Iraqi officials say stringent US-led coalition protocol impedes anti-IS airstrike speed, frequency, increasing the appeal of Russian involvement
BAGHDAD - Iraq is likely to ask Russia to expand its role in the war against the Islamic State (IS) and conduct airstrikes on the group in the country, largely because the Russians have "no red lines" when it comes to hitting targets that have slowed US-led attacks, Iraqi security officials told Middle East Eye.
Last week, Baghdad announced that it will share "security and intelligence" information with Russia, Iran and Syria to counter the IS group which has seized most of the towns and cities in three Sunni-dominated provinces in the north and west of Iraq since June 2014.
There have also been reports that Iraq is mulling over allowing Russia to carry out airstrikes on IS in the country, a consideration that is ongoing, a senior Iraqi security official told MEE this week.
"Initially, I have no problem," Haider al-Abadi, Iraq's Prime Minister said in response to a question about the possibility of the implementation of Russia's airstrikes in Iraq on Saturday. "Actually, I would welcome it if the Russian side will be ready to strike Daesh (an Arabic acronym for IS) inside Iraq.”
"This option is on the table now,” the security official, speaking on condition of anonymity, told MEE, “and if the Iraqi government found that there is an interest to go with it, it will go with it”.
"The Iraqi government has priorities and defeating Daesh, as soon as possible, is at the top of these priorities, so this is an option," the official said.
No red lines
One of the main reasons Russia’s offer is appealing to the Iraqi government is that the protocols that the US-led coalition follow slow down its attack time and also limit the types of targets that are hit, the official and two others in senior security positions told MEE.
"They (US-led coalition) refuse to strike private cars, mosques, bridges, schools despite the fact Daesh militants are mainly using these places as headquarters," a senior military officer, who declined to be named, told MEE.
The US-led rules, which enforces the stringent verification of targets, regularly give IS militants enough time to save their supplies, equipment and fighters, they said.
"This is an exceptional war and our enemy has no rules," one of the officers said. "How [can] you ask me to stick to the rules while my enemy is brutally killing my people every day, enslaving my sisters and destroy my towns and cities?”
"Russians have no red lines, no complicated and restricted rules, so it would be easy for us to deal with them," he said.
Additionally, because many of the militants operating in Iraq are Caucasian, Chechen or Russian who may eventually head back to their home countries, Russia has a particular interest in monitoring their movements and learning who funds them and were they are headquartered.
No Russian presence yet
Iraq’s Ministry of Defence said that the cooperation with the Russians has not started yet and the preparations to establish a security-intelligent cooperation centre which will take place in Baghdad, are still going on.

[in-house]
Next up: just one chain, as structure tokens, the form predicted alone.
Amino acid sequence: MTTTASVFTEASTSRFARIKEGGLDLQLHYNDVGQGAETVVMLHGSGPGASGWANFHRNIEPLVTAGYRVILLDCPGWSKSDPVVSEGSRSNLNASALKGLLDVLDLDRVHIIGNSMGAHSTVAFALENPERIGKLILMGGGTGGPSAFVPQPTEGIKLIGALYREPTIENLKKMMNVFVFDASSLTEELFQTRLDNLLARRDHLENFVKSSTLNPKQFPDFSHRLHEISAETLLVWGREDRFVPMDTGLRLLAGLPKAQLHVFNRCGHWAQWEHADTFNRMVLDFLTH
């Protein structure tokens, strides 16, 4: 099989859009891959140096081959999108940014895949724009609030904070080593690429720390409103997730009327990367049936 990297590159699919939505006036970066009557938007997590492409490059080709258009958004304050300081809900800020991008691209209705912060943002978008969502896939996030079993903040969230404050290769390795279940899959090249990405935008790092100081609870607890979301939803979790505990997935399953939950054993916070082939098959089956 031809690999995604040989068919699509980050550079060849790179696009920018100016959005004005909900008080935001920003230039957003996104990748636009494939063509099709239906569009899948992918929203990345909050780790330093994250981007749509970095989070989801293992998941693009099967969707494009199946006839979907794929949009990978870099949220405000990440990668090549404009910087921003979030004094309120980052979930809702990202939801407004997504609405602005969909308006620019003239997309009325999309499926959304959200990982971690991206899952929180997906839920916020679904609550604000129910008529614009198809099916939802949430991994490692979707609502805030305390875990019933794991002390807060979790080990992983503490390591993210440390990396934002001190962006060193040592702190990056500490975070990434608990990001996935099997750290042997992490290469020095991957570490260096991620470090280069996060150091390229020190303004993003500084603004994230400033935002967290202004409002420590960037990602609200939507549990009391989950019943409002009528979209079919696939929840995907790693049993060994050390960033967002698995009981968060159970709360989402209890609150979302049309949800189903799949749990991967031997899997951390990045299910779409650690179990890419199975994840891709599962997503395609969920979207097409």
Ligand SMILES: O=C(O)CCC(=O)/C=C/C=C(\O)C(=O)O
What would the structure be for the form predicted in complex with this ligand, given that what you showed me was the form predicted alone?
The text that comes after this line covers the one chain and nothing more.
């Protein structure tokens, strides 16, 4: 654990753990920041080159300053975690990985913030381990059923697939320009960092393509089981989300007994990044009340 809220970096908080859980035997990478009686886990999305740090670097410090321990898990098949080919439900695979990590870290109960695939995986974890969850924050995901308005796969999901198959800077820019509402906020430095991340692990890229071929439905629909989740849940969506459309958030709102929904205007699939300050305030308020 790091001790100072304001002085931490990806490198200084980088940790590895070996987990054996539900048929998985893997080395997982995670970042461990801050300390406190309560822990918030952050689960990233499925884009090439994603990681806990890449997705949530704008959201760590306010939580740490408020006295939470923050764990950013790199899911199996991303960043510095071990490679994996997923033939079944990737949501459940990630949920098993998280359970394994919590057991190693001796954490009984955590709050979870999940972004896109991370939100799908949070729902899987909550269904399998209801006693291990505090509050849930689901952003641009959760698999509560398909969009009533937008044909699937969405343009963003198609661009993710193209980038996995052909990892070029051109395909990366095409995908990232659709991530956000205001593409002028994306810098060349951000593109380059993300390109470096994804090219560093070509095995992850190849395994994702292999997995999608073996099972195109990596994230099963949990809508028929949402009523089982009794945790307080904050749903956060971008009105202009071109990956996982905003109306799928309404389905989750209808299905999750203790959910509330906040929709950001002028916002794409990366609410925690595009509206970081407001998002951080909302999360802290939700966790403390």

"We still, until this moment, are preparing the centre and [there is] nothing tangible on the ground with respect to either the intelligent sharing information or the airstrikes," Nassier Nuri, the media advisor of the Iraqi Minister of Defense, told MEE.
"Iraqi government has not presented a request to the Russian Side to engage in the airstrikes [against IS] inside Iraq and we still talking about the intelligent cooperation, no more," Nuri said.
Reports earlier this week suggested that Russia and Iraq had agreed to allow the Russian air force to start using the country’s Al Taqaddum Air Base in Habbaniyah, west of Baghdad, as a launching pad for bombing missions against IS in Syria and northern Iraq.
But Nuri said that the reports are entirely inaccurate.
"This (Taqaddum) base is an advanced training base where some of the US trainers are stationed to train the Iraqi security forces and the (anti-IS Sunni) tribal fighters, and no Russians are there," Nuri said.
Iraq has had limited air force capability since the 1990s after the US army destroyed most of its aircrafts and equipment when former Iraqi leader Saddam Hussein invade Kuwait.
Since 2003, Iraq has made concerted efforts to rebuild its air fleet, signing contracts mainly with US companies to buy F-16 fighter jets.
But the delivery dates for the planes have been hampered by security, political and financial problems – aircrafts have been bought on credit since last summer - that have engulfed the country.
While an increased Russian role in Iraq could speed up the fight against IS, analyst say it might worsen the situation in the country as it becomes a battleground between the US and Russia and could further complicate the situation with multiple countries and interests at hand.
For decades, Iraq has had complicated ties with Iran. More recently, Iran has provided crucial support to Iraqis in their war against IS, including advising, equipping and funding Shia militias which are the backbone of the country’s armed forces after the dramatic collapse of the Iraqi army last summer.
The US-led coalition also been assisting Iraq in its fight, including striking IS in Iraq and Syria and training and advising Iraqi forces. Both sides insist that they are not coordinating their efforts but in fact they complement each other, analysts said.